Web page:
Multithreaded Programming Guide

2550 Garcia Avenue Mountain View, CA 94043 U.S.A.
A Sun Microsystems, Inc. Business

© 1994 Sun Microsystems, Inc. 2550 Garcia Avenue, Mountain View, California 94043-1100 U.S.A. All rights reserved. This product and related documentation are protected by copyright and distributed under licenses restricting its use, copying, distribution, and decompilation. No part of this product or related documentation may be reproduced in any form by any means without prior written authorization of Sun and its licensors, if any. Portions of this product may be derived from the UNIX® and Berkeley 4.3 BSD systems, licensed from UNIX System Laboratories, Inc., a wholly owned subsidiary of Novell, Inc., and the University of California, respectively. Third-party font software in this product is protected by copyright and licensed from Sun’s font suppliers. RESTRICTED RIGHTS LEGEND: Use, duplication, or disclosure by the United States Government is subject to the restrictions set forth in DFARS 252.227-7013 (c)(1)(ii) and FAR 52.227-19. The product described in this manual may be protected by one or more U.S. patents, foreign patents, or pending applications. TRADEMARKS Sun, the Sun logo, Sun Microsystems, Sun Microsystems Computer Corporation, SunSoft, the SunSoft logo, Solaris, SunOS, OpenWindows, DeskSet, ONC, ONC+, and NFS are trademarks or registered trademarks of Sun Microsystems, Inc. in the U.S. and certain other countries. UNIX is a registered trademark of Novell, Inc., in the United States and other countries; X/Open Company, Ltd., is the exclusive licensor of such trademark. OPEN LOOK® is a registered trademark of Novell, Inc. PostScript and Display PostScript are trademarks of Adobe Systems, Inc. All other product names mentioned herein are the trademarks of their respective owners. All SPARC trademarks, including the SCD Compliant Logo, are trademarks or registered trademarks of SPARC International, Inc. SPARCstation, SPARCserver, SPARCengine, SPARCstorage, SPARCware, SPARCcenter, SPARCclassic, SPARCcluster, SPARCdesign, SPARC811, SPARCprinter, UltraSPARC, microSPARC, SPARCworks, and SPARCompiler are licensed exclusively to Sun Microsystems, Inc. Products bearing SPARC trademarks are based upon an architecture developed by Sun Microsystems, Inc. The OPEN LOOK and Sun™ Graphical User Interfaces were developed by Sun Microsystems, Inc. for its users and licensees. Sun acknowledges the pioneering efforts of Xerox in researching and developing the concept of visual or graphical user interfaces for the computer industry. Sun holds a non-exclusive license from Xerox to the Xerox Graphical User Interface, which license also covers Sun’s licensees who implement OPEN LOOK GUIs and otherwise comply with Sun’s written license agreements. X Window System is a product of the Massachusetts Institute of Technology. THIS PUBLICATION IS PROVIDED “AS IS” WITHOUT WARRANTY OF ANY KIND, EITHER EXPRESS OR IMPLIED, INCLUDING, BUT NOT LIMITED TO, THE IMPLIED WARRANTIES OF MERCHANTABILITY, FITNESS FOR A PARTICULAR PURPOSE, OR NON-INFRINGEMENT. THIS PUBLICATION COULD INCLUDE TECHNICAL INACCURACIES OR TYPOGRAPHICAL ERRORS. CHANGES ARE PERIODICALLY ADDED TO THE INFORMATION HEREIN; THESE CHANGES WILL BE INCORPORATED IN NEW EDITIONS OF THE PUBLICATION. SUN MICROSYSTEMS, INC. MAY MAKE IMPROVEMENTS AND/OR CHANGES IN THE PRODUCT(S) AND/OR THE PROGRAM(S) DESCRIBED IN THIS PUBLICATION AT ANY TIME.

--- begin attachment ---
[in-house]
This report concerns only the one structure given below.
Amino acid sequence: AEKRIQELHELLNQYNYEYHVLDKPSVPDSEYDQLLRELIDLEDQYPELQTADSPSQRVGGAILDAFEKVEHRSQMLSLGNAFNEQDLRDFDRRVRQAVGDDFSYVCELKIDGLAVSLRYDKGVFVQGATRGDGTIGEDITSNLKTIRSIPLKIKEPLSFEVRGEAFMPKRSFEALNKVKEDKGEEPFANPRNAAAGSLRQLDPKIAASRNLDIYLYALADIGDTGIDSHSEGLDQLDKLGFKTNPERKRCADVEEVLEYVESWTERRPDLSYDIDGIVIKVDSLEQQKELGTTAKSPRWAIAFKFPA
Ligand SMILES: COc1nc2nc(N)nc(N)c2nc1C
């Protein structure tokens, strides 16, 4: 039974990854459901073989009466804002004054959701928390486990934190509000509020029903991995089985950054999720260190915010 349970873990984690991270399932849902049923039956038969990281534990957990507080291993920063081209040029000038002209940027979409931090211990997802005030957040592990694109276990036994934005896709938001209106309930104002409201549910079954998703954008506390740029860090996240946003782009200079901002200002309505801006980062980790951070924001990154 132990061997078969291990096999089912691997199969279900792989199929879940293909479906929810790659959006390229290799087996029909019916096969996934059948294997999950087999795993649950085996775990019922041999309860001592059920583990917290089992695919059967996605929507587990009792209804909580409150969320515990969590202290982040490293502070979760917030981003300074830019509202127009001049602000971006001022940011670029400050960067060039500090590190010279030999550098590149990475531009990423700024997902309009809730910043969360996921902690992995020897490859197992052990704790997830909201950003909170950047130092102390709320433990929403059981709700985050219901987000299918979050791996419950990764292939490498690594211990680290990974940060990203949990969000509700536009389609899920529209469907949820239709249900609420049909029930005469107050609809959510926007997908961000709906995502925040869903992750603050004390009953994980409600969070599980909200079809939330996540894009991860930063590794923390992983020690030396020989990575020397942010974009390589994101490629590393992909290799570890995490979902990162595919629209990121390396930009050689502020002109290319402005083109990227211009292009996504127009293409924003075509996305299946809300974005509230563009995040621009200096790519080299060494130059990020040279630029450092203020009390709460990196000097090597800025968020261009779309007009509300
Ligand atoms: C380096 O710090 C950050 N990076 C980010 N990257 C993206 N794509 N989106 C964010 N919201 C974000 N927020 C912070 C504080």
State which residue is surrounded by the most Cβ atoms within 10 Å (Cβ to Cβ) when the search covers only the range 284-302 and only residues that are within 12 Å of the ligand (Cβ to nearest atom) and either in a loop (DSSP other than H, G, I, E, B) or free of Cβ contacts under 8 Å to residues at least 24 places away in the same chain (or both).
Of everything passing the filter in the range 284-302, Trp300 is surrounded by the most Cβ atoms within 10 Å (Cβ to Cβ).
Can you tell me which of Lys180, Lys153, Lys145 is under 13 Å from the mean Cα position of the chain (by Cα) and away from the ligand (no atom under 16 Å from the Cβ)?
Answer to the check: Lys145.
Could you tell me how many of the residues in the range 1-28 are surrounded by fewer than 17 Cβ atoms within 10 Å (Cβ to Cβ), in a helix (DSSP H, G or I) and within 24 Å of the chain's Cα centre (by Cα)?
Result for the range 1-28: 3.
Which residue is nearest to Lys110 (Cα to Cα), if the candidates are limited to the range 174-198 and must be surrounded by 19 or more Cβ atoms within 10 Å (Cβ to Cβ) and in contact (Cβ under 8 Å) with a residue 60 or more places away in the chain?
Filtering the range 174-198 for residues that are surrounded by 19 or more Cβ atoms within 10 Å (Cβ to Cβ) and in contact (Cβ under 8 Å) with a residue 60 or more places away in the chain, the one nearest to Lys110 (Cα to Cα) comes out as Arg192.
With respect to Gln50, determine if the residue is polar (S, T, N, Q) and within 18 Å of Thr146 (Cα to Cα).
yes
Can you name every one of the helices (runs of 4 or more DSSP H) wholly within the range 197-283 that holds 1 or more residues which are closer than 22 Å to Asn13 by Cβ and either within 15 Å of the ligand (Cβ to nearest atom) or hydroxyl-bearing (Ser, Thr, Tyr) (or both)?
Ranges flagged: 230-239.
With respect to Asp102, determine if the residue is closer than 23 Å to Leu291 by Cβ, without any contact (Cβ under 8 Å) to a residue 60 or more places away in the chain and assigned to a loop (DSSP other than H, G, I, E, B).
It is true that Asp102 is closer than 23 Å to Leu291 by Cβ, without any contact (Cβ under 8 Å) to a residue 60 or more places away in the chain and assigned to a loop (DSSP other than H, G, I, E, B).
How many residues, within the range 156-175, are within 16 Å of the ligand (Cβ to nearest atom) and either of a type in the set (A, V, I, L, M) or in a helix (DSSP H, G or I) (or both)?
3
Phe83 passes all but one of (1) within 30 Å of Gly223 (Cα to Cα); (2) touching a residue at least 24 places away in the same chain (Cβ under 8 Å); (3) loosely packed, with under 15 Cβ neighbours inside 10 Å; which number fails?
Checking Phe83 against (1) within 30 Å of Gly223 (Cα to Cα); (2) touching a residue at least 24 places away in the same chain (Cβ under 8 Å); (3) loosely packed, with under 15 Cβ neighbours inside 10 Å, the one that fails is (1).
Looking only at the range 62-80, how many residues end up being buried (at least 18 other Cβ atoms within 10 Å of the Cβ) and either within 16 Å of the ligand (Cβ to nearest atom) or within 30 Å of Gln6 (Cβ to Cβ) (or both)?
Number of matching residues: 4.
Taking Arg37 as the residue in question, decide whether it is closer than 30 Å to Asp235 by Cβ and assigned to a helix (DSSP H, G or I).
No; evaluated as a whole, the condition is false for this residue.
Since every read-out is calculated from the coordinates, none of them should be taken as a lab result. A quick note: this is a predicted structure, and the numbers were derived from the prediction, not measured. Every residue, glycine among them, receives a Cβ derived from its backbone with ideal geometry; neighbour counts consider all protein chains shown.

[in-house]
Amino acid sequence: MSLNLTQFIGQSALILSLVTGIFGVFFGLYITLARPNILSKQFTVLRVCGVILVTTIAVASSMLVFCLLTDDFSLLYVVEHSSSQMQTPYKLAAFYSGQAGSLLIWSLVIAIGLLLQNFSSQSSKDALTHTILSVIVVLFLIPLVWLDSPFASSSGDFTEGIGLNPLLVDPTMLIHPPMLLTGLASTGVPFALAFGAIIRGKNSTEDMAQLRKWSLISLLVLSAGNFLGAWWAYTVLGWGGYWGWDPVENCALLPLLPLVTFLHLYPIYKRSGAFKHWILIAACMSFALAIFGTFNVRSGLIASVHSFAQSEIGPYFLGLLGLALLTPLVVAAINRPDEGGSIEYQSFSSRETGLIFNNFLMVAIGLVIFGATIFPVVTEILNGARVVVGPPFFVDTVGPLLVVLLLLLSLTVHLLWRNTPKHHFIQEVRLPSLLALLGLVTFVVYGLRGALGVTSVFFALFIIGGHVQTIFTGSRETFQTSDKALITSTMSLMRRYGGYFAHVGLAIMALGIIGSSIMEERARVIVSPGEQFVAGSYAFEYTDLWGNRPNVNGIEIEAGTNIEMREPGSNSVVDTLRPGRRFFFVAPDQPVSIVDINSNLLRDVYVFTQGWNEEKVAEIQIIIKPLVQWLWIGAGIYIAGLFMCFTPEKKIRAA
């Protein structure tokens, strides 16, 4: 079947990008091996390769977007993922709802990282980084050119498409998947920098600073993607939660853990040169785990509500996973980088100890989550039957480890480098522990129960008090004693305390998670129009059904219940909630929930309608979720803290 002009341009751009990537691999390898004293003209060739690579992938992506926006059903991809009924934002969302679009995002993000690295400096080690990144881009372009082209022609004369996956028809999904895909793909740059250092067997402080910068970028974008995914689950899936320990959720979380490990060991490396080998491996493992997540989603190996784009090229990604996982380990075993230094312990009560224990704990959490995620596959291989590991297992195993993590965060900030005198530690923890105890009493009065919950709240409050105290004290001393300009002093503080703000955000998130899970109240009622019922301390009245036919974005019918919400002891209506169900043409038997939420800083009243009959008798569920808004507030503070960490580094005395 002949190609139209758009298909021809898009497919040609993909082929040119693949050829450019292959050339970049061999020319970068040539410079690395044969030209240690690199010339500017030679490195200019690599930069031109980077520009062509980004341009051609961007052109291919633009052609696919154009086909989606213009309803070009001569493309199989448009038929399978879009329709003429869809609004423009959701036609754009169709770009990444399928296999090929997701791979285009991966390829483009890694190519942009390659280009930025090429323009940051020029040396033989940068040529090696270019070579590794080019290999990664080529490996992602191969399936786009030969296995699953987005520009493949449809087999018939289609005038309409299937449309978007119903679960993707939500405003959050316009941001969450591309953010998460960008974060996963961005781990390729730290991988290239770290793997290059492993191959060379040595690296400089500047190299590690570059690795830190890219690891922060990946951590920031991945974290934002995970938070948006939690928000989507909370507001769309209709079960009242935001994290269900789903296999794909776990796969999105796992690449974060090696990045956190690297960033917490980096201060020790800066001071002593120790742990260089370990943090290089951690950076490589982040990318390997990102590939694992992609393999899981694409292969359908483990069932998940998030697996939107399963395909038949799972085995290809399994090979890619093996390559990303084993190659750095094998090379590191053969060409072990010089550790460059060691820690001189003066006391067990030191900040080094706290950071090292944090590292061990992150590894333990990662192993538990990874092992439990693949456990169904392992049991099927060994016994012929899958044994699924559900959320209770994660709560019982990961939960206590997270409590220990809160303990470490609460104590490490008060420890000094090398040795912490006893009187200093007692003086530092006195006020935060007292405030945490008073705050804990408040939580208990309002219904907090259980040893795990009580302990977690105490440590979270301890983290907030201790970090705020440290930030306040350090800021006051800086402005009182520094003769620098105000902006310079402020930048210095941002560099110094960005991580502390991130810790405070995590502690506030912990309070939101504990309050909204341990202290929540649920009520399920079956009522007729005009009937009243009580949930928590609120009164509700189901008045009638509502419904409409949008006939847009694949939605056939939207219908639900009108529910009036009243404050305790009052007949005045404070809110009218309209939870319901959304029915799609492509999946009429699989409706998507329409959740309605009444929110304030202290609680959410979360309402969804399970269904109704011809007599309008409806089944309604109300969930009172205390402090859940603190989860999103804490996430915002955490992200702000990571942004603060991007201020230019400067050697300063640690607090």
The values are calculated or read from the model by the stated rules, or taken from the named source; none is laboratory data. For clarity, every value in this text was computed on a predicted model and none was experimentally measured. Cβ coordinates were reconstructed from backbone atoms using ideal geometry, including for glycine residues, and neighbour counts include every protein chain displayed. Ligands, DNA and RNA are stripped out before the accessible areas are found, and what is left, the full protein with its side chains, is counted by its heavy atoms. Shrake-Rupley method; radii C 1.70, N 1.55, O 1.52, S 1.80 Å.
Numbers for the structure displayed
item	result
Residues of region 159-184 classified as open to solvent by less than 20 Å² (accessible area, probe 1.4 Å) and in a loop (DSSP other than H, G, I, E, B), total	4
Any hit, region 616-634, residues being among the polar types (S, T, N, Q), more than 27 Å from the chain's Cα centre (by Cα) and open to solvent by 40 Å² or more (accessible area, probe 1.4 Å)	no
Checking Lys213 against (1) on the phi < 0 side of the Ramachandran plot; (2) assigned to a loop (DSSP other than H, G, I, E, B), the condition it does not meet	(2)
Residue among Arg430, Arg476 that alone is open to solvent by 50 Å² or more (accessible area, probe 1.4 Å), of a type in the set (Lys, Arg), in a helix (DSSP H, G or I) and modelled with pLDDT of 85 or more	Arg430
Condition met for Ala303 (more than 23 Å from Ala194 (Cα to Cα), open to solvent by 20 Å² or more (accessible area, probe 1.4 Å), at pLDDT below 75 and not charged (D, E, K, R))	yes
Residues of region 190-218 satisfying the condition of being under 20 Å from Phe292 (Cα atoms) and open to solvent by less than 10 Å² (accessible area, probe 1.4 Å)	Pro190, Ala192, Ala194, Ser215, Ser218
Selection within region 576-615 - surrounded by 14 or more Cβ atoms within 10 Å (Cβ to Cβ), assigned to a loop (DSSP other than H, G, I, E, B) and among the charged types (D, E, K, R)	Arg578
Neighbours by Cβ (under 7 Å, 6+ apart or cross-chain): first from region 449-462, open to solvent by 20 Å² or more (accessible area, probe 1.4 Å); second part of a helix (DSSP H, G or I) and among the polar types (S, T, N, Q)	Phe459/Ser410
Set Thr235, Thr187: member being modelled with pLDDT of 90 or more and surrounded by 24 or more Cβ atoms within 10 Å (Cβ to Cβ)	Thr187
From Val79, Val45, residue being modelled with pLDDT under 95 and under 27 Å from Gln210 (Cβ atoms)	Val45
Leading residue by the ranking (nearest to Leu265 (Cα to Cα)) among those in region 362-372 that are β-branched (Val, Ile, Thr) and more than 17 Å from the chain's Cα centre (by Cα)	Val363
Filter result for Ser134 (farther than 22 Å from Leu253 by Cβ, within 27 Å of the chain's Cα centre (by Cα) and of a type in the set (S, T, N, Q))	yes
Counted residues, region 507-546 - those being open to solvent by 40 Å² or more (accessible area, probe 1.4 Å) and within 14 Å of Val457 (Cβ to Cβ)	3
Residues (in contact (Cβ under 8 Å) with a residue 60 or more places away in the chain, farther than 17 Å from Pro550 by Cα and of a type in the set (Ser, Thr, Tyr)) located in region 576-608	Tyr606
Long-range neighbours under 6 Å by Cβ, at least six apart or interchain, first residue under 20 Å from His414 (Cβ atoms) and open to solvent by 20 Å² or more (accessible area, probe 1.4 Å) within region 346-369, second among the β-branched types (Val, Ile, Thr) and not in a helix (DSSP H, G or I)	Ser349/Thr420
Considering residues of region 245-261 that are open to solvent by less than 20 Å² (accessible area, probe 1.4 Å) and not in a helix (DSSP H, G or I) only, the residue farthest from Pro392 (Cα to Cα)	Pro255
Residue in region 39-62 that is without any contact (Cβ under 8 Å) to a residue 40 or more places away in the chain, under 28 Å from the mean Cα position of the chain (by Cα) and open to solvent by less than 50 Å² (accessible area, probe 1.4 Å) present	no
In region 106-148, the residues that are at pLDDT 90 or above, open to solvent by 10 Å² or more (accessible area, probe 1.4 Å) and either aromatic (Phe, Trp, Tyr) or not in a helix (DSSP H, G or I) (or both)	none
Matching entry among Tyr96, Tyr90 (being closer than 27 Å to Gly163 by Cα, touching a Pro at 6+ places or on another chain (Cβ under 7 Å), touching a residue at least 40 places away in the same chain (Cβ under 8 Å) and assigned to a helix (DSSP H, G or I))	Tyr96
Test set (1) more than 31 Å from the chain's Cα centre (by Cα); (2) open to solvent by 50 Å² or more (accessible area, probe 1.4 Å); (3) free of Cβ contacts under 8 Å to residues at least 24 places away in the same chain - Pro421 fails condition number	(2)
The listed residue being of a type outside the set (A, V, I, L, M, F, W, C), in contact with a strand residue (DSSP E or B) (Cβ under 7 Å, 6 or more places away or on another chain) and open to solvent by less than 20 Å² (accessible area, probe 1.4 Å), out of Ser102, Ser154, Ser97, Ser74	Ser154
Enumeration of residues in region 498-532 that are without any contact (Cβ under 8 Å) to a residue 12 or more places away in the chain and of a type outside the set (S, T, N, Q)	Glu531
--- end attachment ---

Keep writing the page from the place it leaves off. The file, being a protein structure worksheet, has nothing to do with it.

Please Recycle

Contents
1. Covering Multithreading Basics . . . . . . . . . . . . . . . . . . . . . . . . Defining Multithreading Terms . . . . . . . . . . . . . . . . . . . . . . . . . . Defining Concurrency and Parallelism . . . . . . . . . . . . . . . . . Benefiting From Multithreading . . . . . . . . . . . . . . . . . . . . . . . . . Improve Application Responsiveness. . . . . . . . . . . . . . . . . . Use Multiprocessors Efficiently . . . . . . . . . . . . . . . . . . . . . . . Improve Program Structure . . . . . . . . . . . . . . . . . . . . . . . . . . Use Fewer System Resources . . . . . . . . . . . . . . . . . . . . . . . . . Combine Threads and RPC . . . . . . . . . . . . . . . . . . . . . . . . . . Improve Performance . . . . . . . . . . . . . . . . . . . . . . . . . . . . . . . Looking At Multithreading Structure . . . . . . . . . . . . . . . . . . . . . User-level Threads. . . . . . . . . . . . . . . . . . . . . . . . . . . . . . . . . . Lightweight Processes. . . . . . . . . . . . . . . . . . . . . . . . . . . . . . . Unbound Threads . . . . . . . . . . . . . . . . . . . . . . . . . . . . . . . . . . Bound Threads . . . . . . . . . . . . . . . . . . . . . . . . . . . . . . . . . . . . 1 2 2 3 3 3 3 3 4 4 5 6 8 9 9

iii